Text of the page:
Now anyone can become a target for phishing scams

Anybody who is concerned about computer security needs to look at a few basic issues first: perhaps they should start with their typing. In last week’s editorial column we drew attention to a web site that was set up to look like Symantec’s but offered a variety of services that certainly don’t fall under the heading of software security: weight loss, real estate, training and alcohol treatment, among them.

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By  Peter Branton Published  October 30, 2005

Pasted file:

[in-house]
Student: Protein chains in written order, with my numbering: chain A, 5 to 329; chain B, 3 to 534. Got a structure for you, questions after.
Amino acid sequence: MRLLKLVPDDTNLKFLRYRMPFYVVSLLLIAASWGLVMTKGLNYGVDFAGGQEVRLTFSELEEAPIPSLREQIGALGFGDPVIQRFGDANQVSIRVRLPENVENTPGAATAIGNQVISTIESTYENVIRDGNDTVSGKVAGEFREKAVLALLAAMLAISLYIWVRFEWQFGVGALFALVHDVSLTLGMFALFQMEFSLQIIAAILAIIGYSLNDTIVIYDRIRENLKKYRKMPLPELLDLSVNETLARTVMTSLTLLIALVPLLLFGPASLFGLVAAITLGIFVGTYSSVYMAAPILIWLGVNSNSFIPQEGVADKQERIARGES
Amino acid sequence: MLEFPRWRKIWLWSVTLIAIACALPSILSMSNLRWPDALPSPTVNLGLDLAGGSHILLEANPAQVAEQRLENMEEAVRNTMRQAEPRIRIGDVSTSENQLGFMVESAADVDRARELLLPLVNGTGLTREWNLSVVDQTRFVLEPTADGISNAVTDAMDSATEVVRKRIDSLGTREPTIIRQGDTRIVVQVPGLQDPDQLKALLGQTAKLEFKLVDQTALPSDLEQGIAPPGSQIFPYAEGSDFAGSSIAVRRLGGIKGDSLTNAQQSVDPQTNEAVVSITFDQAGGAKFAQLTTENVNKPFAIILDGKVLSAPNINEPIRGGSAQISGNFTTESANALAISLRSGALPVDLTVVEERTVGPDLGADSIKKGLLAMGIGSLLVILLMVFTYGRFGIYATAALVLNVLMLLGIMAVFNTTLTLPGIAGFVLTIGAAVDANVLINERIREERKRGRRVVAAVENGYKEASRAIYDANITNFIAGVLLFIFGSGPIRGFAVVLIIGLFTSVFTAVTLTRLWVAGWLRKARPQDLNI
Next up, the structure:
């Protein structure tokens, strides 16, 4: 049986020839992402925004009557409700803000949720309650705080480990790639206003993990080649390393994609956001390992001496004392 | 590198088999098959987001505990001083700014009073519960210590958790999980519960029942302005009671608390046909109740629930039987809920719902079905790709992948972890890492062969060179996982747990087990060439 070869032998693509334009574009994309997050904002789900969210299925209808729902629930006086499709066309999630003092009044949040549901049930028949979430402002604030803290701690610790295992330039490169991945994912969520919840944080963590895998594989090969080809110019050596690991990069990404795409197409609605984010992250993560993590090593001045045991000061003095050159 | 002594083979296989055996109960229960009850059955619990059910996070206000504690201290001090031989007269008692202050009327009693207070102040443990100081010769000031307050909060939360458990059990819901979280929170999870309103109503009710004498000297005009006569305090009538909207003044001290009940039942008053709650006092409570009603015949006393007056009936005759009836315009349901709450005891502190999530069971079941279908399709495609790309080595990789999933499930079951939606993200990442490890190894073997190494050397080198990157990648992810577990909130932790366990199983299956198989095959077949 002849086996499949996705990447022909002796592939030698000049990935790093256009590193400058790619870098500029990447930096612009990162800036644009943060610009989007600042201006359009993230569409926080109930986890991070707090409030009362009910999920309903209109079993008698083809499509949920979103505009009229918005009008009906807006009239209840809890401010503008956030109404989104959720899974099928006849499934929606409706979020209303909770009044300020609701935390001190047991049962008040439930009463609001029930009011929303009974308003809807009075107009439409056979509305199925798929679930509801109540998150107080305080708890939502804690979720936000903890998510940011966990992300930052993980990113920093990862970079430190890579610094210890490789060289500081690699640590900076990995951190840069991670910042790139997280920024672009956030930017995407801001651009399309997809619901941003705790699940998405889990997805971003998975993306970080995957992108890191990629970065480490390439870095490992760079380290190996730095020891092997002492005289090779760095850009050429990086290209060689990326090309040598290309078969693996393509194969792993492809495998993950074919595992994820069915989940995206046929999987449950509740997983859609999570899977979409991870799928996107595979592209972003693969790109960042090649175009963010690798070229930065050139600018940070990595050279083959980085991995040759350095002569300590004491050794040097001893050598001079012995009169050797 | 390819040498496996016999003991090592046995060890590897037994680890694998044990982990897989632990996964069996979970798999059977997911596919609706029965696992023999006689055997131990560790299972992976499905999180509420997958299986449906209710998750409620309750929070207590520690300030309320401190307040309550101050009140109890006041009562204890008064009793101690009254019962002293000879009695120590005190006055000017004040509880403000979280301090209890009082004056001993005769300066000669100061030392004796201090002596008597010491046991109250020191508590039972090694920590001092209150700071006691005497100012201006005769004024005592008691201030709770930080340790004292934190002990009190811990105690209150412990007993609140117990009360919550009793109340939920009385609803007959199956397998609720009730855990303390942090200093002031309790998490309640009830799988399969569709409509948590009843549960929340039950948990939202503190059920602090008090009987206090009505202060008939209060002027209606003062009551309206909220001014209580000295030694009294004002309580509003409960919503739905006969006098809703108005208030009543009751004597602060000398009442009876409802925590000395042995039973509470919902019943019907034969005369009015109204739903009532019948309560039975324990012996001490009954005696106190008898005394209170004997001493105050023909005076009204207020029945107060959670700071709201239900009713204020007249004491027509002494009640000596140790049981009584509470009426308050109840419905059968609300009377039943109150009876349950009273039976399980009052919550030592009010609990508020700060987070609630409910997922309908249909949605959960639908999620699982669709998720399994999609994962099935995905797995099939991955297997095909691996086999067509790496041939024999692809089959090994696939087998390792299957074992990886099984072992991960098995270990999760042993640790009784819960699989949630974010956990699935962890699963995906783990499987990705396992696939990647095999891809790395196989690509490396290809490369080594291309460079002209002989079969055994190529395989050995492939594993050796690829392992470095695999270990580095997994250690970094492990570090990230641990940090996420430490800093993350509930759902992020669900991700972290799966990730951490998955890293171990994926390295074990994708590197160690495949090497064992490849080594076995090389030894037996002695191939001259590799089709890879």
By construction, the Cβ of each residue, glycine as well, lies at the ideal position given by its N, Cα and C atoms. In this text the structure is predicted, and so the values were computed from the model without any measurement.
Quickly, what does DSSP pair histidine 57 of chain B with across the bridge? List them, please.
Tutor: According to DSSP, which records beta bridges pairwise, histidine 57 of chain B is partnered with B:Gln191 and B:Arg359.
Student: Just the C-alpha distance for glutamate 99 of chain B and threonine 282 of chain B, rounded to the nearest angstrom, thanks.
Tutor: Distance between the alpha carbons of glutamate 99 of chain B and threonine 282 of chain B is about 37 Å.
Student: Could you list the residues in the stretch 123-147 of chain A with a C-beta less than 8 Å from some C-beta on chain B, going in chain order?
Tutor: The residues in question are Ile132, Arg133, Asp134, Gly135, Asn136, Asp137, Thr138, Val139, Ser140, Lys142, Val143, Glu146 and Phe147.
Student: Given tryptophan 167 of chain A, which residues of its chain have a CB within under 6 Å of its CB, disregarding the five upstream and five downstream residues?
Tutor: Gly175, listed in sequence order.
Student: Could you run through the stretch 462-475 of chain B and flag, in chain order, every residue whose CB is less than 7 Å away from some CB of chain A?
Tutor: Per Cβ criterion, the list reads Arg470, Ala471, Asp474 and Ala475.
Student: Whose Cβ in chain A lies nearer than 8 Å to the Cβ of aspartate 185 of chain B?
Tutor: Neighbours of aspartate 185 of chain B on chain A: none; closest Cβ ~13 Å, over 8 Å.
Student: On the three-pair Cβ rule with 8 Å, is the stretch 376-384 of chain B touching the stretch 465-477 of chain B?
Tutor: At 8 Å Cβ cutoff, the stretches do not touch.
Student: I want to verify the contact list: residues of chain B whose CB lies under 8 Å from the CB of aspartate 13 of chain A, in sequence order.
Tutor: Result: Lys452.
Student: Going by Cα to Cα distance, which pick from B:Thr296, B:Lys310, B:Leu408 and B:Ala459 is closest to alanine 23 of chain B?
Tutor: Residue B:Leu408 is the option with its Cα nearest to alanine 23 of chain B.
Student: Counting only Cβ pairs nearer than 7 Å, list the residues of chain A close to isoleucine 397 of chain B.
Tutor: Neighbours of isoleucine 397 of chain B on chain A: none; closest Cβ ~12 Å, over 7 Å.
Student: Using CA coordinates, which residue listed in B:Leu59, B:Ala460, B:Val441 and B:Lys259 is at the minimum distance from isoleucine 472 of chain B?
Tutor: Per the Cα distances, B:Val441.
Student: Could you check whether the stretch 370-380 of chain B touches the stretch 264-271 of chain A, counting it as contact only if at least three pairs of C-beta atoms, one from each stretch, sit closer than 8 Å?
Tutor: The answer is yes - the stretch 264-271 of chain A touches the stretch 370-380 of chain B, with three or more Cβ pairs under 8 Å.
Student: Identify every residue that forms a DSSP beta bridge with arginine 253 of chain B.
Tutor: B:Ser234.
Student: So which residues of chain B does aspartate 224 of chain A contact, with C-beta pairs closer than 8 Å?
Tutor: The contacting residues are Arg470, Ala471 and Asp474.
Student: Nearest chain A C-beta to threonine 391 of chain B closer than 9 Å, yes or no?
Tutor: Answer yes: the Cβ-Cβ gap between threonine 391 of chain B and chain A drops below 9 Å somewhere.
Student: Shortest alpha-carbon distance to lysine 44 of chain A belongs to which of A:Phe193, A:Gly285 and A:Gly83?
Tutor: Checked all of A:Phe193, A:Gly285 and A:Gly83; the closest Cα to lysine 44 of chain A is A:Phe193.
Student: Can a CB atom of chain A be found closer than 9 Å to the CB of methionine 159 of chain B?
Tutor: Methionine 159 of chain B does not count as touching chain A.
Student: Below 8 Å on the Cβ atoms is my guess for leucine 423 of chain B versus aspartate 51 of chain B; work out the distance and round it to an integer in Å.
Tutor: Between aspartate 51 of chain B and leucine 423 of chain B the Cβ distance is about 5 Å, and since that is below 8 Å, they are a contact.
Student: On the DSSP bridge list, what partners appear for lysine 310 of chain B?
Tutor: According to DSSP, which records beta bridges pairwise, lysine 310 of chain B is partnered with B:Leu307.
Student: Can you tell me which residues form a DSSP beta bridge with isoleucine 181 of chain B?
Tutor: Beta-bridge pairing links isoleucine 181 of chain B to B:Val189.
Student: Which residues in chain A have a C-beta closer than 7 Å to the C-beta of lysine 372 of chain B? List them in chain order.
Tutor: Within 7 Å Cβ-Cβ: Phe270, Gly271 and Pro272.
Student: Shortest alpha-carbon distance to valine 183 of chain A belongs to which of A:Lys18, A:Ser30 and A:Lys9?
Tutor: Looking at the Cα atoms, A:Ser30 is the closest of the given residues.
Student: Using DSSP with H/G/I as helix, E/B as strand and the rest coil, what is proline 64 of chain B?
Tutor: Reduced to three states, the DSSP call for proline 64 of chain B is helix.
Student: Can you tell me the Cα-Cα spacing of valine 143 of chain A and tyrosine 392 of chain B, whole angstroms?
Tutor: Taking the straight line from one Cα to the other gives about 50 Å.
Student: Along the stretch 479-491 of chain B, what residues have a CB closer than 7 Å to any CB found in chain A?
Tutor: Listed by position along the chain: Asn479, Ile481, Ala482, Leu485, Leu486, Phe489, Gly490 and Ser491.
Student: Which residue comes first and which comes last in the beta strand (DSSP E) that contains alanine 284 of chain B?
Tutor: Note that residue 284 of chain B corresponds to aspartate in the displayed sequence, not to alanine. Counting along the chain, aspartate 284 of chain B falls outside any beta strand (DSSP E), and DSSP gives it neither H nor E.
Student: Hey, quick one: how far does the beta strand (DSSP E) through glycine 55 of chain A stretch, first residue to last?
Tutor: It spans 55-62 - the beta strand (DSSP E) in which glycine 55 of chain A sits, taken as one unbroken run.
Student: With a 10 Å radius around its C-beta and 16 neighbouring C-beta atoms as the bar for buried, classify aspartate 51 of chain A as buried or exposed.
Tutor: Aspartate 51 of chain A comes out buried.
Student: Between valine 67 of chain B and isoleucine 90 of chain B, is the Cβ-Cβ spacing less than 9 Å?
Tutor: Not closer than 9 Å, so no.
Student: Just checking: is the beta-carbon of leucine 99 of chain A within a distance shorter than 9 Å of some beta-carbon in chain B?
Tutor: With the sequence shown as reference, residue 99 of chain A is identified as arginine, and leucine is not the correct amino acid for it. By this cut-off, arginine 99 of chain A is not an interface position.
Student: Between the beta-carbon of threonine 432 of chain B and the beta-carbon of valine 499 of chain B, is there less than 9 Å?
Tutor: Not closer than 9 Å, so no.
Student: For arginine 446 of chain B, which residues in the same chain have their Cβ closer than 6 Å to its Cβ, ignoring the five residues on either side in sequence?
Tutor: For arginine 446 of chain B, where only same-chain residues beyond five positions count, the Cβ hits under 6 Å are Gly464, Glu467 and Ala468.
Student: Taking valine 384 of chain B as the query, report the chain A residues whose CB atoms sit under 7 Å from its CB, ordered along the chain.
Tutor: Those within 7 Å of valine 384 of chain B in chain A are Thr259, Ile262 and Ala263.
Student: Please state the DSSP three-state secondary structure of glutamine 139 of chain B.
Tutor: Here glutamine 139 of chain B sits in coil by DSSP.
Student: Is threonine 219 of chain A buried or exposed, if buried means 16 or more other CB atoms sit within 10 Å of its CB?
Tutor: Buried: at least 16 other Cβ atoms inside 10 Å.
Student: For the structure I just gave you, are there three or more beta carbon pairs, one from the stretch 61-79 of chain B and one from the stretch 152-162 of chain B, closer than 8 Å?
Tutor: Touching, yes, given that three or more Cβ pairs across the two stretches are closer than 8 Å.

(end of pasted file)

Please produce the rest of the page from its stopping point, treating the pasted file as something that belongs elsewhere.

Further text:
|~|Commentbody.jpg|~|Any firm can be targeted by phishing incidents.|~|Anybody who is concerned about computer security needs to look at a few basic issues first: perhaps they should start with their typing. In last week’s editorial column we drew attention to a web site that was set up to look like Symantec’s but offered a variety of services that certainly don’t fall under the heading of software security: weight loss, real estate, training and alcohol treatment, among them. We had asked Symantec to come back with a response as to the site’s validity; sadly we went to press before that came back to us. We can now report that Symantec did indeed come back to us with a response, which we can now reproduce in full: “Symantec’s Brand Protection Task Force is aware of the situation and is taking appropriate investigative action. We’re not at liberty to discuss the specifics of the investigation or what it entails, but in the best interests of protecting our customers from fraudulent web sites such as this, we take these matters very seriously. Symantec’s Brand Protection Task Force is a team of former police investigators and lawyers established in March 2002 to combat attacks on Symantec’s brand via fraudulent web sites, pirated software, and phishing.” Surprisingly, the original URL we were concerned about is actually just one of a number we found that use miss-spellings of Symantec’s name: all of them reasonably easy to achieve if you are typing away quickly and are a little careless. (We stumbled across the first web site when we were doing research for another article about Symantec, finding the others was a simple matter of trial and error. Some didn’t work, others gave us fake sites with extremely strange content: portable air cleaners for home and office anyone?) The point of all this is not to bash Symantec, which is one of the most reputable firms in the IT industry, but to show just how literally any firm can be targeted by such incidents. Security guru Bruce Schneier has recently claimed that phishing (the practice of setting up such fake web sites and then sending out e-mails to draw people to them) would stop very quickly if the institutions affected were made directly responsible for the losses that people incurred as a result. “This fraud will go away not because people will suddenly get smart and quit responding to phishing e-mails, or because California has new criminal penalties for phishing, or because ISPs will recognise and delete the e-mails. It will go away because the information a criminal can get from a phishing attack will not be enough to commit fraud because the companies won’t stand for all those losses,” he wrote in his online newsletter. The idea is superficially appealing: the most common target of phishing attacks are banks, as we highlighted a couple of weeks ago, and it is certainly true that if they were more directly financially penalised by such incidents they would do more to stop it. Banks have been far too complacent about the problem, we were disappointed by the response of a number of the regional banks that we contacted. Also, banks have the resources to deal with such incidents, which their customers may not have: a small amount for a bank may be beyond the means of all but its richest customers. However, we would argue that banks — and all institutions that are hit by phishing — already pay in one form or another. Finally, we would argue that forcing banks to pay out for phishing attacks would just see them pass the cost back to customers in other ways: ultimately we are all going to foot the bill for phishers so we all need to watch out for it. ||**||

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